It used to be that Cadillac and Lincoln had a serious competitor in the top-line domestic luxury segment. That competitor was Chrysler's Imperial division. Promoted to brand status in 1955, Imperial had long been the top model in Chrysler's lineup. Now it was its own division to further set it apart from "lesser" Chryslers.
The 1956 Imperial was a refreshed version of the '55, sharing its main body with other large Chryslers but having some other details such as "gunsight" taillights mounted on top of the tail fins. It was designed by Virgil Exner and, like many of his designs, was handsome and well-resolved (with the taillights being a possible exception). Imperials included nearly every amenity buyers could want in the era. Only one major option was available: air conditioning. All Imperials had V8 engines and automatic transmissions.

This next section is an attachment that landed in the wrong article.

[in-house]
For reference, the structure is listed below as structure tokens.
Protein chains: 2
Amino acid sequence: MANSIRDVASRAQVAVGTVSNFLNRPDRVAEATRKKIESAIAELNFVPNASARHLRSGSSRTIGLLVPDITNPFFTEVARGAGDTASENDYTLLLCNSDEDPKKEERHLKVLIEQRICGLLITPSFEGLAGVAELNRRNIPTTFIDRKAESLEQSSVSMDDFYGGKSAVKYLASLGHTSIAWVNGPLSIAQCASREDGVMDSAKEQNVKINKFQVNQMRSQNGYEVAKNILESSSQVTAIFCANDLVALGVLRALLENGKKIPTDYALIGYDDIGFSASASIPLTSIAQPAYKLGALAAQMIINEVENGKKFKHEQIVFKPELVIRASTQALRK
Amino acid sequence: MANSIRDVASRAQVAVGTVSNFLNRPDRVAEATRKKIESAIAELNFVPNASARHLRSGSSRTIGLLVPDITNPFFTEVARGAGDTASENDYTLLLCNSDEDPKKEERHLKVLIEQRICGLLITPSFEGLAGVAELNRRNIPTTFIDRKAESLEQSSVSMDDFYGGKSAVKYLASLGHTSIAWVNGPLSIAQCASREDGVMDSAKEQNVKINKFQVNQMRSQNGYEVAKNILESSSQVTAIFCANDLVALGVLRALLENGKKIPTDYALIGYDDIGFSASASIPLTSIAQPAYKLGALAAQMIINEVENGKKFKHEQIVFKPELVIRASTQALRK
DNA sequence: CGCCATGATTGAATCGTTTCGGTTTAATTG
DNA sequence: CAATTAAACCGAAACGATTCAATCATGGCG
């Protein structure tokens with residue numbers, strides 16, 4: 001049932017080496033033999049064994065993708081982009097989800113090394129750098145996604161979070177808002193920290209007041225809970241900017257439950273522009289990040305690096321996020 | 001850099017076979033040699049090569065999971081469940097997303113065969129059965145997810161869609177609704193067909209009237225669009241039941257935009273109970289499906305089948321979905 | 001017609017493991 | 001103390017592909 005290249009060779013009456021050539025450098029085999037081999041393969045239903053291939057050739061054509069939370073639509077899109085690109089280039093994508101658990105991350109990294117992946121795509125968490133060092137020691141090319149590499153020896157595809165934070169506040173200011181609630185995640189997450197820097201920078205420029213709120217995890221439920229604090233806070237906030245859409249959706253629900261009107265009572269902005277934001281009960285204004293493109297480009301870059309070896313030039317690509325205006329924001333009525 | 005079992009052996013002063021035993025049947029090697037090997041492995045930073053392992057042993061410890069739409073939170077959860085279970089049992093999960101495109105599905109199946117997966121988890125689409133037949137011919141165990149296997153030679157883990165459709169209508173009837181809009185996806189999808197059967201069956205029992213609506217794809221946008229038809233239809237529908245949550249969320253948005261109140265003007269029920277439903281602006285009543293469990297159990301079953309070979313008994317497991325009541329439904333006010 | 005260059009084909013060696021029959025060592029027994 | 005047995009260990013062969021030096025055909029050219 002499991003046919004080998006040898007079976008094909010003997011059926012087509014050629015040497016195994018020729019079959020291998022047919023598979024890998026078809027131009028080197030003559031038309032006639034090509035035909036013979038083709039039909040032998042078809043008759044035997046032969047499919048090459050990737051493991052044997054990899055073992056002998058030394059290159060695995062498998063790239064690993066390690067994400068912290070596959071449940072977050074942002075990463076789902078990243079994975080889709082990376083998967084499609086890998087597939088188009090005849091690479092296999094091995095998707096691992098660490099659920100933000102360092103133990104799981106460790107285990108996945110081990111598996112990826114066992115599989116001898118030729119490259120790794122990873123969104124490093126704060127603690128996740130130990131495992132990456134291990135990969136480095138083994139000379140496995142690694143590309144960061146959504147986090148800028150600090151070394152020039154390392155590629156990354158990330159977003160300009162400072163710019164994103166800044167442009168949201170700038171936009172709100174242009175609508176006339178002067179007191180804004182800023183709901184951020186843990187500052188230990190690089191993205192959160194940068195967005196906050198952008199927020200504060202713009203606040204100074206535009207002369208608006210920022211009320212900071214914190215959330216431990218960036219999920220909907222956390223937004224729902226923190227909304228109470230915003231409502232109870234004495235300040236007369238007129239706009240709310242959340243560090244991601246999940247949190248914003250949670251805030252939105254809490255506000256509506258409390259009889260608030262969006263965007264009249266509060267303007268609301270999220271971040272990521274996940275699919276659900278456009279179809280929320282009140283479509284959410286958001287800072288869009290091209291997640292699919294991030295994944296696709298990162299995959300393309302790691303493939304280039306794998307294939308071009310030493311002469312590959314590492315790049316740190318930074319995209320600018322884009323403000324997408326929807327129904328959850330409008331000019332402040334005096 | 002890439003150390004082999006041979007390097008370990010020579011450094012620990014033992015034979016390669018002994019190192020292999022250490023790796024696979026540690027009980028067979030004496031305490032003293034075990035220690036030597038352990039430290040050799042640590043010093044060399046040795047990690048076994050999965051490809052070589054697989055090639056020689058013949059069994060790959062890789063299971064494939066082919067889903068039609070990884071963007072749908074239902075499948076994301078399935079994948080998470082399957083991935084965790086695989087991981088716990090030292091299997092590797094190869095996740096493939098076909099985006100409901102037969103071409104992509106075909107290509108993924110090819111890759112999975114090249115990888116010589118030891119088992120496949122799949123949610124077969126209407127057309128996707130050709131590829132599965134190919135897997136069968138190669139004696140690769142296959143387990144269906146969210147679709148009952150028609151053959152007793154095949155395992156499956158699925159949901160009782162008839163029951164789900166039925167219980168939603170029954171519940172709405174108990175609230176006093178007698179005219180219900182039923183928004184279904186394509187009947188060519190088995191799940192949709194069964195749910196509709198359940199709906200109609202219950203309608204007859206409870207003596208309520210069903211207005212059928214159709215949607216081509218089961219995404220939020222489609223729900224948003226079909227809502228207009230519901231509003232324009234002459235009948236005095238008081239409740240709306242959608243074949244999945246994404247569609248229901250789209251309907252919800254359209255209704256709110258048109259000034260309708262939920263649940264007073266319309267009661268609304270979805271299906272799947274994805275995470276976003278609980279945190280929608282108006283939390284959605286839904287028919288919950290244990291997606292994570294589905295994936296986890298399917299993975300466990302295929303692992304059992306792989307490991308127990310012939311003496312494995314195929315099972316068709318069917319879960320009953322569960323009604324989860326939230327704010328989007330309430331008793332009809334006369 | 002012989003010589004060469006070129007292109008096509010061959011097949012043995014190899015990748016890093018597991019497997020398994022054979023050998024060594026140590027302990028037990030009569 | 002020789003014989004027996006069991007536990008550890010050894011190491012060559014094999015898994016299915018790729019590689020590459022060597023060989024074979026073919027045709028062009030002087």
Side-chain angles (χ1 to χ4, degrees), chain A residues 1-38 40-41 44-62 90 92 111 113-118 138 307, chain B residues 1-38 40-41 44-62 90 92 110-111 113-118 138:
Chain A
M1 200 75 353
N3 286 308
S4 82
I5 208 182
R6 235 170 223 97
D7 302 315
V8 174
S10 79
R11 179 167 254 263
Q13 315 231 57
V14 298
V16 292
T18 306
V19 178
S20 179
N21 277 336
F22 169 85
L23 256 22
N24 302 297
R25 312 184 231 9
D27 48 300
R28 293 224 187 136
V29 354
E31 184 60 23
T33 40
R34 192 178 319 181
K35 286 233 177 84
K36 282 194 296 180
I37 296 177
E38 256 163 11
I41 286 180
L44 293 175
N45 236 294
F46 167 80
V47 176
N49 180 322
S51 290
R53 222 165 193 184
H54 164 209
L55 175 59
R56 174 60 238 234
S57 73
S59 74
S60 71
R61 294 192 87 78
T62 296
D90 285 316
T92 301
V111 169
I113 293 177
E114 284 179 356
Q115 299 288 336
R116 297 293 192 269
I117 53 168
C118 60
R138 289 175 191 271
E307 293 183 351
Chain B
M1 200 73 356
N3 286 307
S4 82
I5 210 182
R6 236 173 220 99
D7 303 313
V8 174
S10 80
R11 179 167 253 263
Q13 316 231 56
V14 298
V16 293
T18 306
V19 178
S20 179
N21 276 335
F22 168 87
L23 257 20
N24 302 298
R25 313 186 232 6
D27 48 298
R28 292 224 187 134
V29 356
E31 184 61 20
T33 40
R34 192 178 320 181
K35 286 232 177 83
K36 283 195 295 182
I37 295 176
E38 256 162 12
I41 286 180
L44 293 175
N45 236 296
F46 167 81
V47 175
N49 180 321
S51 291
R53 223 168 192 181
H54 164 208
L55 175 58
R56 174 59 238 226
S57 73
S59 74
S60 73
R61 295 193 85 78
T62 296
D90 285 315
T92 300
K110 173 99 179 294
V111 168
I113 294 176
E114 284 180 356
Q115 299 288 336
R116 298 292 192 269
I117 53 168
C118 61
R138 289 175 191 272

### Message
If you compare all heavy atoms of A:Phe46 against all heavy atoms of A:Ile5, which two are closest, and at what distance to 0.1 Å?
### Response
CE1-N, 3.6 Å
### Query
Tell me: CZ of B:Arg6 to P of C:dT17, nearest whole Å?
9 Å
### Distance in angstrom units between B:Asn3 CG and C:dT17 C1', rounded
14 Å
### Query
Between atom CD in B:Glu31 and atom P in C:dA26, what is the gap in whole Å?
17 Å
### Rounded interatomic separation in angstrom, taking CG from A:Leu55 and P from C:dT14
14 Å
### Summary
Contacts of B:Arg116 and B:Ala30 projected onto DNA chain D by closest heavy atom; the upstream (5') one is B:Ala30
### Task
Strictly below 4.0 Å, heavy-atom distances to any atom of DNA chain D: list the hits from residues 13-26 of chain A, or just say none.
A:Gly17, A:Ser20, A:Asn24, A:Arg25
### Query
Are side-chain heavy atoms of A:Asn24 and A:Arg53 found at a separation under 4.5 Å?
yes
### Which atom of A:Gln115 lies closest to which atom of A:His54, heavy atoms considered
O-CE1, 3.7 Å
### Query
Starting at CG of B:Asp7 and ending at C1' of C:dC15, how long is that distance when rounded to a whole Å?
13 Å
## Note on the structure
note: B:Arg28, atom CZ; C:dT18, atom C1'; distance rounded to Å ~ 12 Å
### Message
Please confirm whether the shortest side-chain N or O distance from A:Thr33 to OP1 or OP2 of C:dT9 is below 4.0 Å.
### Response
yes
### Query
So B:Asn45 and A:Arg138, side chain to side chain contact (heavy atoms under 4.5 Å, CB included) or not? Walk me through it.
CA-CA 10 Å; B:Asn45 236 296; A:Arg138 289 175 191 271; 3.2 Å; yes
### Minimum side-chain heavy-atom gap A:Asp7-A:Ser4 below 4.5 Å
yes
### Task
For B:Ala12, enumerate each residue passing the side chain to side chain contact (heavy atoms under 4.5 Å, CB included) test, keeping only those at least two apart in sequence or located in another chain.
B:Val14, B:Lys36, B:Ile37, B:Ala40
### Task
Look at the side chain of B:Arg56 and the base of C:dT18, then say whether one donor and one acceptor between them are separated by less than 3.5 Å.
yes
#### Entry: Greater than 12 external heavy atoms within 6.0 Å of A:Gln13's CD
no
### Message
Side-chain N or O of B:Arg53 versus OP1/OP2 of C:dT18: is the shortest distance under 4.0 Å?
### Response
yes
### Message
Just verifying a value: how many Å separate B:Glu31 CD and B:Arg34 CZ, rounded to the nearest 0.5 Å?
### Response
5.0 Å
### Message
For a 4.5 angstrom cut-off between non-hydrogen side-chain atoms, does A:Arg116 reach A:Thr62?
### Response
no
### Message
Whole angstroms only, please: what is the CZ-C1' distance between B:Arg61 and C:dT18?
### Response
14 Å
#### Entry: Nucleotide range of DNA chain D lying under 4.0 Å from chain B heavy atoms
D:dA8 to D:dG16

This car is a 1956 Imperial Southampton coupe. It is one of 10,268 Imperials built for 1956, less than half the number of Cadillac Coupe de Villes built that same year (total Cadillac production was 154,577). It would be the second-rarest Imperial until 1975, when the Imperial name was dropped. Imperials were never made to be common. They were made to be the best car on the road, for wealthy customers with demanding standards and excellent taste. This example belongs to the San Francisco vintage car collector I commonly refer to as "Fifties Guy" because of his impressive stable of 1950s cars, all of which are in daily driver condition. This Imperial has slid a long way down since it rolled out of a showroom in 1956, but it is original and unrestored, giving it a level of character that few other cars possess. Part of me wants to see it restored in the factory color; part of me wants to see it conserved in this condition (visually). I'm not a proponent of making people drive a vehicle that is mechanically unsafe, so by all means it deserves the work needed to make everything function properly.